Each of these preferred embodiment structures could be used in combination with disparate structures in CMOS or BiCMOS integrated circuits; for example, CMOS with a SiGe surface for PMOS and a Si surface for NMOS and a common hafnium silicate-germanate dielectric for both PMOS and NMOS.
Alternative preferred embodiments incorporate Si and/or Ge into metal aluminates as the gate dielectric for enhanced thermodynamic stability.
2. Silicate Gate Dielectric on SiGe Plus Si CMOS Preferred Embodiments
FIGS. 1a-1 e illustrate in cross sectional elevation views the steps of first preferred embodiment fabrication methods for integrated circuits including field effect transistors (e.g., CMOS or BiCMOS) with hafnium silicate gate dielectrics, polysilicon gates, and SiGe channel region PMOS together with Si channel region NMOS. The preferred embodiments include the following steps:
Start with a p-type silicon (or silicon-on-insulator) wafer with <100> orientation and form shallow trench isolation by pad oxide growth, nitride deposition, trench pattern, nitride-oxide-silicon trench etch (trench depth may be 300 nm), trench surface oxidation, trench fill by blanket APCVD oxide deposition, etchback or CMP planarization, and nitride strip leaving pad oxide. FIG. 1a is a cross-sectional elevation view of the substrate illustrating the trench isolation and locations for fabrication of NMOS and PMOS transistors.
Next, strip the pad oxide from the PMOS areas, and use the remaining pad oxide (and trench isolation) as a mask oxide for selective epitaxial growth of Si0.85Ge0.15 to a thickness of 30 nm on the silicon surface in the PMOS areas. This layer will be compressively strained but stable due to its thinness; see FIG. 1b.
Then perform multiple masked dopant implants to form n- and p-type wells (plus, optionally, memory cell array wells and bipolar device buried layers) plus form channel stop regions, punchthrough deterrence regions, and threshold adjust regions. Note that the implant doses and depths may differ for memory cell array transistors as compared to peripheral transistors. Also, both high and low voltage transistors of the same type may be formed and may have different implant doses and depths. A rapid thermal anneal (e.g., 1050 C for 30 s) activates and diffuses the implanted dopants (e.g., boron and phosphorus).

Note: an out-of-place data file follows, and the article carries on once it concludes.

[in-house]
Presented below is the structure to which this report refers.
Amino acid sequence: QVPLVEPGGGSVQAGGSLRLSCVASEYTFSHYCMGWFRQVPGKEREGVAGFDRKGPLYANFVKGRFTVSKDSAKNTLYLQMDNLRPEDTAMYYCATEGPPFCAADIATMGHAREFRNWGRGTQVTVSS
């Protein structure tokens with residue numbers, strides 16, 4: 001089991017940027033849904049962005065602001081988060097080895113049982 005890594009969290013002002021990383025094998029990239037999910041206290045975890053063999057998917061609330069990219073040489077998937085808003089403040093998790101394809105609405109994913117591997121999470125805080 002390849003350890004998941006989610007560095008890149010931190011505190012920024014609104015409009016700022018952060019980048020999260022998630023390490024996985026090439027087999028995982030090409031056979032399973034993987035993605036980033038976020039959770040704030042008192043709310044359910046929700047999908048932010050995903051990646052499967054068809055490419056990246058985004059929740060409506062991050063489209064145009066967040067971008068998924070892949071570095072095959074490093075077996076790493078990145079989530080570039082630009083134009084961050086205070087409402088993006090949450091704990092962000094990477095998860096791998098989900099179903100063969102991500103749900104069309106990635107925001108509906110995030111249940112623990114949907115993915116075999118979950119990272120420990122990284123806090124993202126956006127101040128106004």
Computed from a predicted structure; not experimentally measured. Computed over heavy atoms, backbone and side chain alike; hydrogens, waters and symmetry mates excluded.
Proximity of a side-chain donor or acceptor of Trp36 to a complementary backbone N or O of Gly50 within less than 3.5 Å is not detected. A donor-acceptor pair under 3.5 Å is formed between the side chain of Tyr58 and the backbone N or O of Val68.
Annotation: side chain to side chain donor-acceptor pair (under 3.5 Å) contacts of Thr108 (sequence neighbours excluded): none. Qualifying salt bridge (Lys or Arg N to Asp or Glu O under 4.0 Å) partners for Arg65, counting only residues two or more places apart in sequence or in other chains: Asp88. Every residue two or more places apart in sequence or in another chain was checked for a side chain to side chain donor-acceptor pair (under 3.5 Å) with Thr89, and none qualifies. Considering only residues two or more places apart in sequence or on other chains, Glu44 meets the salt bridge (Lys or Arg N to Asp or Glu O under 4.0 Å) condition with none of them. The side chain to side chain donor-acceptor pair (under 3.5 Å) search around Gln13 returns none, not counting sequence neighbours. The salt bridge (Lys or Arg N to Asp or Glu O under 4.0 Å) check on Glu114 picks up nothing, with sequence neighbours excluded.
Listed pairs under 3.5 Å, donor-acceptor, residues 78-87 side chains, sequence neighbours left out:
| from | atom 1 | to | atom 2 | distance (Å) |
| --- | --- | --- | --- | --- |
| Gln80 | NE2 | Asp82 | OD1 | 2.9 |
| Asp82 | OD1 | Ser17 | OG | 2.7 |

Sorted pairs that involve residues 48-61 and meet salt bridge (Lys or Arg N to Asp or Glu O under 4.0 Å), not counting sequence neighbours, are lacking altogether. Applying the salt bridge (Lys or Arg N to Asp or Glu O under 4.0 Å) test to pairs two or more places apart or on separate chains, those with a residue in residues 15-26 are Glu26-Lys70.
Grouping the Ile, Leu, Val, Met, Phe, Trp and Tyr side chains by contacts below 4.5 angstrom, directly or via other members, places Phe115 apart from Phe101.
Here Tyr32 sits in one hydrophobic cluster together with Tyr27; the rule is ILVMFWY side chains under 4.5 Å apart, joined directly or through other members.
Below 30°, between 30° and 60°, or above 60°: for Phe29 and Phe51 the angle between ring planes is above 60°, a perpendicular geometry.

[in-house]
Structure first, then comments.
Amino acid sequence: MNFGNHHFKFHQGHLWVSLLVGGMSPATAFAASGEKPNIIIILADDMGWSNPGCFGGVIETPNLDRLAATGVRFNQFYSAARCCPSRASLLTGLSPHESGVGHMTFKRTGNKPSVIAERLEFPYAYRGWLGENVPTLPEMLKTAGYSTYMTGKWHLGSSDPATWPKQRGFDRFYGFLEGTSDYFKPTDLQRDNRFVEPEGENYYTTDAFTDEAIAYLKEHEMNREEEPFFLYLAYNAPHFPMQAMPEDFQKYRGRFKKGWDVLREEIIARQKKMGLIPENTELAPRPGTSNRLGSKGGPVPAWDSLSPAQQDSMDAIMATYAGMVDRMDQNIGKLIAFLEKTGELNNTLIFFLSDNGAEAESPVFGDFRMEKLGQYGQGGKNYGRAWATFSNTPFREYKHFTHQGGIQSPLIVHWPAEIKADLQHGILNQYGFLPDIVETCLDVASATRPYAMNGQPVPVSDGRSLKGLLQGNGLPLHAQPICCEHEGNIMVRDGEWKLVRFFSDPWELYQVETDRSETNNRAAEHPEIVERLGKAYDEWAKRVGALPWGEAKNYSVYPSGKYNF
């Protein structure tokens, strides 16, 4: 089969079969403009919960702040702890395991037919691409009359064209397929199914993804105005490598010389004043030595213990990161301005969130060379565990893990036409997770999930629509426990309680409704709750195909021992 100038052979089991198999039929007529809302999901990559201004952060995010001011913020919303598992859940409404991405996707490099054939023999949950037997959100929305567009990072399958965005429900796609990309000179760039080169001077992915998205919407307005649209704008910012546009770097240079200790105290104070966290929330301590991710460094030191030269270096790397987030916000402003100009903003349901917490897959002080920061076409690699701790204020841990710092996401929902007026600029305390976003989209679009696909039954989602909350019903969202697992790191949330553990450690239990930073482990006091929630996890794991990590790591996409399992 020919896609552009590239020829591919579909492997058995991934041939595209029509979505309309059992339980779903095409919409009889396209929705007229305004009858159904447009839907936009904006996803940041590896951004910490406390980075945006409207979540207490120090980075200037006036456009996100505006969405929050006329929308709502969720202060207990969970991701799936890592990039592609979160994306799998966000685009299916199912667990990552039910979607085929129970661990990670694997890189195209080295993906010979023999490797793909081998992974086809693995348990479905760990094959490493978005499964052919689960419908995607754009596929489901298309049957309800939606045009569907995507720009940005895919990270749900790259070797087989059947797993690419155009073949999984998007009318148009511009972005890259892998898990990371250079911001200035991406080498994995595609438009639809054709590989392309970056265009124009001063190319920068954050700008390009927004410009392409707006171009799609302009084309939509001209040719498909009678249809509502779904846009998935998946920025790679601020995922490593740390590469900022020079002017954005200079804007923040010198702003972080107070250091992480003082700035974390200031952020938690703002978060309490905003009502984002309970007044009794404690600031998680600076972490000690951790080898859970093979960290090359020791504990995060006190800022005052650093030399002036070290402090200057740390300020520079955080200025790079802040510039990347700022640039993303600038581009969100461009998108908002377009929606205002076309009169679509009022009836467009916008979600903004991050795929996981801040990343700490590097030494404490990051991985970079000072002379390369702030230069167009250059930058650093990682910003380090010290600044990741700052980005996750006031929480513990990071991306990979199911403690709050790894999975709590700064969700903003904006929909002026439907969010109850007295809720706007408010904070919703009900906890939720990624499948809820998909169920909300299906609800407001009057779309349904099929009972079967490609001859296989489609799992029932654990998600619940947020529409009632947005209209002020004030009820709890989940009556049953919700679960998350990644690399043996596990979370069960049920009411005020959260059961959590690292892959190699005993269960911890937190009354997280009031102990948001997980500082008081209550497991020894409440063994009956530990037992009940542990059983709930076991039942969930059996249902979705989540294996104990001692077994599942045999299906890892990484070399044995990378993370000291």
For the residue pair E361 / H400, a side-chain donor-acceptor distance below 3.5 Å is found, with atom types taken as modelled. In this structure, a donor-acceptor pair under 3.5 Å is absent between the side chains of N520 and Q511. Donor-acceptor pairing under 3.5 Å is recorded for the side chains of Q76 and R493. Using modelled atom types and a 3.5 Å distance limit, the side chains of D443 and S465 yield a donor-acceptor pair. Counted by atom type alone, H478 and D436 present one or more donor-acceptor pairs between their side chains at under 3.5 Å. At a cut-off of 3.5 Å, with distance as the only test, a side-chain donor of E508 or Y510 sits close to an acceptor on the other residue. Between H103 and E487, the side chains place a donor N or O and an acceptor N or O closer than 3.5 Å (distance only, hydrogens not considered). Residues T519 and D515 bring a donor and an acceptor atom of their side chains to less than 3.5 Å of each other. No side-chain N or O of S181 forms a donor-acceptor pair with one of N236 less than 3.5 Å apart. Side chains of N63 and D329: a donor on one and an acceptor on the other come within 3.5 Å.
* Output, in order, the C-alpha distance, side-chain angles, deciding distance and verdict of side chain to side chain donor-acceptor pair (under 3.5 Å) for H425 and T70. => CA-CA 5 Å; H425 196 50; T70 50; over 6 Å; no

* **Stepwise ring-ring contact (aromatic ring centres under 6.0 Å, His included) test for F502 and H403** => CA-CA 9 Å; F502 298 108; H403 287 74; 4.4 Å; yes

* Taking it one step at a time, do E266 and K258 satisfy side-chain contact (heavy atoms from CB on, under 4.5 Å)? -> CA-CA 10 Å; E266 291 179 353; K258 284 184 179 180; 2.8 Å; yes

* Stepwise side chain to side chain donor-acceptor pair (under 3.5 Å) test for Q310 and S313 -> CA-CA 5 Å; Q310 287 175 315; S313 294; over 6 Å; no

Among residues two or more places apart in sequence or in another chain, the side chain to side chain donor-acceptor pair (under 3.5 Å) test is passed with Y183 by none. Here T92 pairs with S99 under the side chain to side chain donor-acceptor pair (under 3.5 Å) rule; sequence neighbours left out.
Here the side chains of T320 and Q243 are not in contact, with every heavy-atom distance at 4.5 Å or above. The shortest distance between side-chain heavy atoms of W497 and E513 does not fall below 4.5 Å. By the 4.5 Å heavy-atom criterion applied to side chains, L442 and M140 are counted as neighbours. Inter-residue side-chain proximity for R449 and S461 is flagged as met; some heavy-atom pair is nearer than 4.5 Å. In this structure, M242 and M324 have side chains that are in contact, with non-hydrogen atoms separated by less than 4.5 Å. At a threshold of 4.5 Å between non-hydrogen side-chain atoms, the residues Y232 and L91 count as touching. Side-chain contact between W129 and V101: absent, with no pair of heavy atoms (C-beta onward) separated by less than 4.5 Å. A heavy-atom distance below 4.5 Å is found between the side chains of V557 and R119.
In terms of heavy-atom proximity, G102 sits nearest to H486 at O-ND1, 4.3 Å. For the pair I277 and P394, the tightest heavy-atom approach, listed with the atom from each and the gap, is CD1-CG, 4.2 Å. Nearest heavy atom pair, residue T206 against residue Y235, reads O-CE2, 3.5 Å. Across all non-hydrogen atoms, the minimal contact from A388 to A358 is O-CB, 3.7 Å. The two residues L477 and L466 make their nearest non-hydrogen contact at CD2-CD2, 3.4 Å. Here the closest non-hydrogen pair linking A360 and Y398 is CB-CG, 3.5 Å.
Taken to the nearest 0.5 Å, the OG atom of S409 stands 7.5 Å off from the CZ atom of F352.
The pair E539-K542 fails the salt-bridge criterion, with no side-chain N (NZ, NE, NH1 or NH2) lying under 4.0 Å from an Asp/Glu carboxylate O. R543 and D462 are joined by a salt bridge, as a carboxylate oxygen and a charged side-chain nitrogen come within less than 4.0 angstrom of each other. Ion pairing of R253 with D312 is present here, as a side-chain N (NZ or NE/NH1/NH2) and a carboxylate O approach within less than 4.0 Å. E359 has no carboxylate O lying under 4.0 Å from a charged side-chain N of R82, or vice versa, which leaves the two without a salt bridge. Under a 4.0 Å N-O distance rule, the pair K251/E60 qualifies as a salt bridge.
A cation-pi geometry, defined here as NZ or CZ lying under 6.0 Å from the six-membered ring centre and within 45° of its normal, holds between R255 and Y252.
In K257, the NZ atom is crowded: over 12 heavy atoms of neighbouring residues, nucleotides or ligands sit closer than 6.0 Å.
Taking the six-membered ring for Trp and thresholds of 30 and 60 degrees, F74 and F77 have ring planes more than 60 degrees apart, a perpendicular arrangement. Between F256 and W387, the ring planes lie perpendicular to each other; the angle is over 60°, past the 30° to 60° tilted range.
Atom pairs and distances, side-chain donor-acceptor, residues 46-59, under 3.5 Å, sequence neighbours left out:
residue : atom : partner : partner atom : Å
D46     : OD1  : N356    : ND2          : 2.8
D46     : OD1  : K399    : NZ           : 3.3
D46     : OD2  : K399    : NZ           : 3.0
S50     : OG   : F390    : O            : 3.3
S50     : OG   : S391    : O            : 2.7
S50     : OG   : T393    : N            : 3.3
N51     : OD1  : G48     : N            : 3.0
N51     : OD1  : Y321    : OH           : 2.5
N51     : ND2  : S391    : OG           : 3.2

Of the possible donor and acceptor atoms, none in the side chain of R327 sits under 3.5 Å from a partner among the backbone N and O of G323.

(2) Gate Dielectric Deposition.
Strip the residual pad oxide from the NMOS areas with a buffered HF solution and rinse and dry; this exposes the Si and SiGe in the locations for NMOS and PMOS transistors, respectively. Heterojunction bipolar transistors (HBTs) will be in SiGe areas with the SiGe as the base and deposited polysilicon emitters.
Next, deposit a 7 nm-thick gate dielectric layer of HfxSiyO4, such as by sputtering or LPCVD; see FIG. 1c. Sputtering can use targets of HfO2 and SiO2 to form the silicate dielectric layer with the ratio of Hf to Si and oxygen content easily controlled by source target composition and deposition conditions. The composition of the dielectric is controlled to yield interfaces with the SiGe and Si which will have high carrier mobilities in the channels for the CMOS devices. In particular, avoid excess oxygen to prevent oxidation at the SiGe interface. A Hf-poor dielectric deters crystallization, so the dielectric will be amorphous and less leaky. Indeed, the closer the composition is to a phase such as HfO2 or HfSiO4 (HfO2+SiO2), the more likely the dielectric is to crystallize and show leakage along grain boundaries. The preferred embodiments seek to get a point in the phase space which avoids such crystallization, such as SiO2 rich. But there is a tradeoff between preserving amorphicity and obtaining a high enough dielectric constant which crystallization enhances. In fact, the dielectric constant for HfO2 is about 25 and that of SiO2 is about 4, so a linear interpolation approximation for the dielectric constant of HfxSi2−xO4 is 4+11x. However, measured dielectric constants appear larger than the linear approximation, perhaps due to bonding changes as the metal concentration increases. Thus to have a dielectric constant of at least 10, the Hf content likely will need to be at least roughly 25% of the cations (i.e., x>0.5); but to avoid easy crystallization, the Hf content may need to be much less than 50% of the cations (i.e., x<<1). Various composition ranges will be suitable for differing applications, such as 0.6<x<0.7 may be a good tradeoff, 0.3<x<0.6 may have smaller leakage but low dielectric constant, whereas 0.7<x<0.8 may have higher dielectric constant but worse leakage. Further, oxygen deficiency in HfxSi2−xO4 can be countered by oxygen anneals.
With an effective dielectric constant of about 14, a 7 nm thick silicate gate dielectric has an equivalent silicon dioxide thickness of 2 nm but not the leakage (tunneling) current of such a thin silicon dioxide gate dielectric.
LPCVD formation of the silicate dielectric may have SiH4 as the precursor for Si, N2O for oxygen, and Hf(CH3)4 for Hf at a total pressure in the range from 10 Pa (75 mTorr) to 3000 Pa (22.5 Torr) and with a substrate temperature in the range from 300 to 700 C. The ratio of oxygen source to hafnium and silicon sources should insure essentially complete oxidation and minimal Hf—Si bonding. The ratio of hafnium source to silicon source determines the ratio of Hf to Si in the resultant dielectric.